Interviews

What does ‘The Chosen’ Have Planned for Season 2 (and Beyond)?

Producer Neal Harmon: History's 'most viewed show' focused on the 'greater good'

“The Chosen” gave itself a very tough act to follow.

The episodic look at Jesus Christ and the people directly touched by His wisdom became a new media sensation last year. The show’s crowdfunding campaign shattered existing records.

That was just the beginning. 

The eight-episode first season, showcased on both VidAngel and across multiple platforms, snagged more than 45 million views across 180 countries. Show creator Dallas Jenkins just announced season two will be shot in Goshen, Utah.

You prayed. THIS happened!

HiT reached out to “The Chosen” producer Neal Harmon, co-founder and CEO of VidAngel, to learn more about the show’s second season as well as what made season one connect with audiences worldwide.

HiT: The old saw, “if it ain’t broke, don’t fix it” rushes to mind regarding “The Chosen.” Nearly everything went right, from critical response to audience enthusiasm. Given that, what’s your overall creative approach to Season 2?

Neal Harmon: I agree. We celebrate the fresh, biblically-inspired script telling human stories from the New Testament that we can all relate to, rather than focusing on doctrinal differences between faiths.

I also think it’s very important to underscore that “The Chosen” is the first interfaith project of its kind in history. Evangelical Christians, Main-Line Protestants, Catholics, Messianic Jews, and members of the Church of Jesus Christ of Latter-day Saints have all come together to help the director, Dallas Jenkins, create and distribute this show around the world.

RELATED: Why ‘The Chosen’ Is a Faith-Based Game Changer 

I have always wanted to be part of something where people who believe in the Bible put aside their denominational differences and focus on the greater good. That is taking place right now, and it is something that is honoring, humbling, and wonderful to be a part of.

My sincere hope is that seasons 2-7 will generate growing audience enthusiasm and will compel people to continue to dive into the scriptures to get to know Christ.

Here’s a look at the production’s “Pay It Forward” concept in action:

Future seasons of The Chosen? Here's how "pay it forward" works.

HiT The problem facing nearly every film and TV show now is COVID-19…. Are you able to start/continue production given those concerns?

Harmon: That’s our plan, we will be taking many extra precautions with production, ensuring that our cast and crew are protected by the latest technology and to the best of our ability.

HiT: There must be an endless array of reactions to ‘The Chosen’ so far. Is there a particular reaction or piece of feedback that jumped out at you… and why?

Harmon: Any retelling of such a sacred story will be imperfect and should only be a jumping off point to encourage people to simply want to learn more about the Gospels, or even to pursue a personal relationship with Christ through prayer, reflection, and the studying of the scriptures.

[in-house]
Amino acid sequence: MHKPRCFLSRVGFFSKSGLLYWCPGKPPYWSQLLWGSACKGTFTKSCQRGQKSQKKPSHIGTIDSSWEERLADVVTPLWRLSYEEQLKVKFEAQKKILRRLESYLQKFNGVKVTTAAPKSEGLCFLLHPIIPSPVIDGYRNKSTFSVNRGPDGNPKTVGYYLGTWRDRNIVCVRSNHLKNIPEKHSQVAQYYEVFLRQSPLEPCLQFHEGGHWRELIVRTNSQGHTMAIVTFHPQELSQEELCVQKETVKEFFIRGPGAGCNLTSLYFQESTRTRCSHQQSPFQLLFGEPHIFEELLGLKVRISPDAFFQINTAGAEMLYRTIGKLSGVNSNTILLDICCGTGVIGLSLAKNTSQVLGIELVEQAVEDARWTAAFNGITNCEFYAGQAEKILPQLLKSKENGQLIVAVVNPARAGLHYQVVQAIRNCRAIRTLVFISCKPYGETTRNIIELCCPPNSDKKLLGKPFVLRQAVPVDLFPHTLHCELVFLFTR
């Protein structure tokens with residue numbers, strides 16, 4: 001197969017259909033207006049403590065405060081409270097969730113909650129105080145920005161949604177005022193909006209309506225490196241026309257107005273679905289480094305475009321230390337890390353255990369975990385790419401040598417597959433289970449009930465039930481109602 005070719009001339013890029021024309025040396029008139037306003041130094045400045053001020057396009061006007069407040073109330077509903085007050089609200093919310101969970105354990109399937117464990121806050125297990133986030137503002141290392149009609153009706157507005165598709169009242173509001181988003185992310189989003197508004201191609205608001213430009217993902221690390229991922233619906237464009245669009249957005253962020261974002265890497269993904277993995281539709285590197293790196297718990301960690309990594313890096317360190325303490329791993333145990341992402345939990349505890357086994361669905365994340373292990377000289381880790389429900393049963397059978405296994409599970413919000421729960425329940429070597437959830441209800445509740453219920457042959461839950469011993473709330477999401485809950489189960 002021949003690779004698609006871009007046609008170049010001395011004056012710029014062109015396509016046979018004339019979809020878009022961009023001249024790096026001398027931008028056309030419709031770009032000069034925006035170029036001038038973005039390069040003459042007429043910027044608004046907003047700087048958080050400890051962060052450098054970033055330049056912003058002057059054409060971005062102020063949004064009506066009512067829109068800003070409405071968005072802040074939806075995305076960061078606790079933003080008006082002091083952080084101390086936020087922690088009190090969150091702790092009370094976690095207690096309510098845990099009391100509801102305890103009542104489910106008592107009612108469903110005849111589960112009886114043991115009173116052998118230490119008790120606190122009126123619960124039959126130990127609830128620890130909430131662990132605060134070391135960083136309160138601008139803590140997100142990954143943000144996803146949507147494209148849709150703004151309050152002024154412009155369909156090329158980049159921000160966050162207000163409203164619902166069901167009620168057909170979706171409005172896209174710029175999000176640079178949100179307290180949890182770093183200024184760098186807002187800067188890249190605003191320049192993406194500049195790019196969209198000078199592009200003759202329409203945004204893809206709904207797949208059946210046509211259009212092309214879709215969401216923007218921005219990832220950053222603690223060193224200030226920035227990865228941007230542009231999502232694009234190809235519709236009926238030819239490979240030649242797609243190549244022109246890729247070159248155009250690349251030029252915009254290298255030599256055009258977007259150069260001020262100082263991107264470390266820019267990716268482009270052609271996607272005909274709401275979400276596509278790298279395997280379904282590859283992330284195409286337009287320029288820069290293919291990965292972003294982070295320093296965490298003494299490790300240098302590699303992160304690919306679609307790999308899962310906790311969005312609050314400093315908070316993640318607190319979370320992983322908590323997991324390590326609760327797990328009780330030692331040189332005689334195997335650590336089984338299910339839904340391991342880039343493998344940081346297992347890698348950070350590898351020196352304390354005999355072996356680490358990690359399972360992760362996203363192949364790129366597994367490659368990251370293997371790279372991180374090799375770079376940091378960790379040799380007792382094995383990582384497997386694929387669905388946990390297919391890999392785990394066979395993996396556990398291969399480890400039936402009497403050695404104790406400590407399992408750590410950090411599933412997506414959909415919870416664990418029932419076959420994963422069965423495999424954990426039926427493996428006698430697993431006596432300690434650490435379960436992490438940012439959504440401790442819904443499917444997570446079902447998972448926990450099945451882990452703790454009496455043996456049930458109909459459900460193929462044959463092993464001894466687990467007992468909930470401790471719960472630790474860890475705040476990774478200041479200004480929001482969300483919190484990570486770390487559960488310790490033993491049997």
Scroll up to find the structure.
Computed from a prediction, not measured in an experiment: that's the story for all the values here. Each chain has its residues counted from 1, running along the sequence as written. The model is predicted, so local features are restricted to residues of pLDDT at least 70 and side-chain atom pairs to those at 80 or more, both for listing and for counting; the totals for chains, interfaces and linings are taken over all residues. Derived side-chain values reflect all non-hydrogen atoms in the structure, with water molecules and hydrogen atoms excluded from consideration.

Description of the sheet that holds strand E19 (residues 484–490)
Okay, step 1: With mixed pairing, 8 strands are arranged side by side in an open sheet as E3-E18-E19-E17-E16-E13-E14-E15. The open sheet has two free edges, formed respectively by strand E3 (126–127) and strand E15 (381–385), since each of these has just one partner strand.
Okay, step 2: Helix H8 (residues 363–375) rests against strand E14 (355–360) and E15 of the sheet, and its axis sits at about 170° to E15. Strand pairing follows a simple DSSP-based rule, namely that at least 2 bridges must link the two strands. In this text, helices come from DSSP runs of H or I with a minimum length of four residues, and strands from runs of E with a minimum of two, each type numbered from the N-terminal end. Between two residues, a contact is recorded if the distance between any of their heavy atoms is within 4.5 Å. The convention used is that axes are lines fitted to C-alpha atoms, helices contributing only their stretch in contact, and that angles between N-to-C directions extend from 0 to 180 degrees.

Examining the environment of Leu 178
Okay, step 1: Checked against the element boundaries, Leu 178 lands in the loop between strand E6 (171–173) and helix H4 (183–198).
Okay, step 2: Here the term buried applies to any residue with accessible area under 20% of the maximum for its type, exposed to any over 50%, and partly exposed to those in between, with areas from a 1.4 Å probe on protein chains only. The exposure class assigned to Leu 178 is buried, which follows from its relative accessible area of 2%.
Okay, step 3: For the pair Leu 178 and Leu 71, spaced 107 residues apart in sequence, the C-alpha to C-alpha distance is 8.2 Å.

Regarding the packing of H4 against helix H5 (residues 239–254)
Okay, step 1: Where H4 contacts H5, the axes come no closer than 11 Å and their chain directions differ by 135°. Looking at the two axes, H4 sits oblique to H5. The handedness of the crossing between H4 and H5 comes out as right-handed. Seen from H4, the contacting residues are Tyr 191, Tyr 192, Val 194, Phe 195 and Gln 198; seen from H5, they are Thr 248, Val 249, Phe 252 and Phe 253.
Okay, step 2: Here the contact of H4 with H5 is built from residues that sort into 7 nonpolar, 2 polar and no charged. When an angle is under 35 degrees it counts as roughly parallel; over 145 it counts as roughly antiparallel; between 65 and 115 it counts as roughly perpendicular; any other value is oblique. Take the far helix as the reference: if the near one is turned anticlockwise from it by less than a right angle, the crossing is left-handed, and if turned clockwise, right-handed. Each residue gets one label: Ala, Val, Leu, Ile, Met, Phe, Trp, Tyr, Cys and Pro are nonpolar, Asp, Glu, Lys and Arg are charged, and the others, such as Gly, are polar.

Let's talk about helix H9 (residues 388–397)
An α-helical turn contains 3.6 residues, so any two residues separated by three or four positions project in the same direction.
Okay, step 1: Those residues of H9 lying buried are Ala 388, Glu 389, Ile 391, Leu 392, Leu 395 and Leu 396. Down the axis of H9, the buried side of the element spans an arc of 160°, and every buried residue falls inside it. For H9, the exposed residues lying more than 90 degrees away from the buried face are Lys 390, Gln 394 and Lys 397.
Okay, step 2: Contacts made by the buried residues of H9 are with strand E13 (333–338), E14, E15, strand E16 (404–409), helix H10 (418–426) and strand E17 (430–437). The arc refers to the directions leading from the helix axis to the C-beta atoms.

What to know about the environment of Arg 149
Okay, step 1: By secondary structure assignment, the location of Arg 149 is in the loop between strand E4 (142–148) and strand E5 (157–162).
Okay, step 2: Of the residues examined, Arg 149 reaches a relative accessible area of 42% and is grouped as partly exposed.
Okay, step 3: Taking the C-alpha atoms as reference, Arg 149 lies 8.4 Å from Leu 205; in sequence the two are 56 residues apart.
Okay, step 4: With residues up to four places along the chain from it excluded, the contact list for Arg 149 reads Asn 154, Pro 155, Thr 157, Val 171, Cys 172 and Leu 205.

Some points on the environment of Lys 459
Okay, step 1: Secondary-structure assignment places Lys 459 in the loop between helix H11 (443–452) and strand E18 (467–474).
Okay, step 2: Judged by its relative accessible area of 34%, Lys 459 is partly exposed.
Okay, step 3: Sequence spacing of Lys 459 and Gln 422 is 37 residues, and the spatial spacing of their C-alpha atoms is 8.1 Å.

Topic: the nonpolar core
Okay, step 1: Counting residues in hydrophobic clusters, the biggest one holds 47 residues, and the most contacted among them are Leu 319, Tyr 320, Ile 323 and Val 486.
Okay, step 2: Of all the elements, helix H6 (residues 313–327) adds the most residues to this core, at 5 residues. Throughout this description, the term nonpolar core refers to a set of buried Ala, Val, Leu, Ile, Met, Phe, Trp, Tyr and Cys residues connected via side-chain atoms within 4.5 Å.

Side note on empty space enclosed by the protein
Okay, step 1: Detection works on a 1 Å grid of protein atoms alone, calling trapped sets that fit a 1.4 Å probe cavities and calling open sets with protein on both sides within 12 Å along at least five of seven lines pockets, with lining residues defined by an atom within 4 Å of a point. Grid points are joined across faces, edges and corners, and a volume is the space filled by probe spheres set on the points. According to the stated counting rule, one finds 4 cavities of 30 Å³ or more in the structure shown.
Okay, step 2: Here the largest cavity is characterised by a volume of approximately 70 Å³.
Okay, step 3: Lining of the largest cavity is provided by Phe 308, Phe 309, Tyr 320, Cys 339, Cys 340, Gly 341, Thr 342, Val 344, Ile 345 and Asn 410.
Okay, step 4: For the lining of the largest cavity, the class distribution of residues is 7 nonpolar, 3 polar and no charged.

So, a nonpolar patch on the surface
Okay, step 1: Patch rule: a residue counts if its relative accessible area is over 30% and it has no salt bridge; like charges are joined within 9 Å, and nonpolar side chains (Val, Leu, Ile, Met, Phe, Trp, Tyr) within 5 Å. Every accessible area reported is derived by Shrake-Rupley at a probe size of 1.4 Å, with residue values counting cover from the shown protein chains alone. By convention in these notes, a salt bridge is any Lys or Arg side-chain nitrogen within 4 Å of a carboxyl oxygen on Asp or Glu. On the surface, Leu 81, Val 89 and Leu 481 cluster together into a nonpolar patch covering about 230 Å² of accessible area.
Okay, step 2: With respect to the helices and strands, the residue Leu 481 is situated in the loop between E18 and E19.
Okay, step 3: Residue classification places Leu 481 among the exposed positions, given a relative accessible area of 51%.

This retelling, born out of so much struggle by the creators and the distributor, has a special spirit about it. Seeing audience reactions to the first season of “The Chosen” has surpassed all my expectations.

And my family. Wow.

My teenage daughter is not a fan of “churchy stuff” and has said, “It’s always so boring and serious.” She finished episode three and asked me, with a hopeful twinkle in her eye, “Do you think Jesus might have been like that?” She watched them all, on her own, without me there. That one anecdote of so, so many, was enough to make it worth the enormous efforts it took to make “The Chosen” a reality.

HiT: For years critics have been unkind to faith-based filmmaking… and some Christians would agree with that. It’s a fairly new genre experiencing growing pains. “The Chosen” didn’t fall into that critical pit. Credit, of course, goes to Dallas and his team, but is there a larger reason why the series earned better notices than previous faith efforts?

Harmon: We believe that people are responding so enthusiastically to the show because, from the scripts to the filming to the performances to the editing, it’s so authentic.

It brings the Bible to life by highlighting the fact that these people were real people and that this was a real human experience.

 

Rather than feeling like distant pages, it connects to help people alive today, and I think that’s the magic that Dallas Jenkins, his team and the backers (we call them The Chosen army) created. We know this because we hear time and again of people turning to the scriptures with renewed enthusiasm after watching the show.

HiT: Are you already looking forward to a season 3, or not more? If so, what are your ambitions for the show?

Harmon: Absolutely. We’re planning 7 seasons. This series is in over 180 countries and being translated into 52 languages currently, and we are just getting started.

Our goal is to reach over a billion people with this show. It may not be the most profitable show in history (because Pay-It-Forward is voluntary), but we believe it can become the most viewed show in history.

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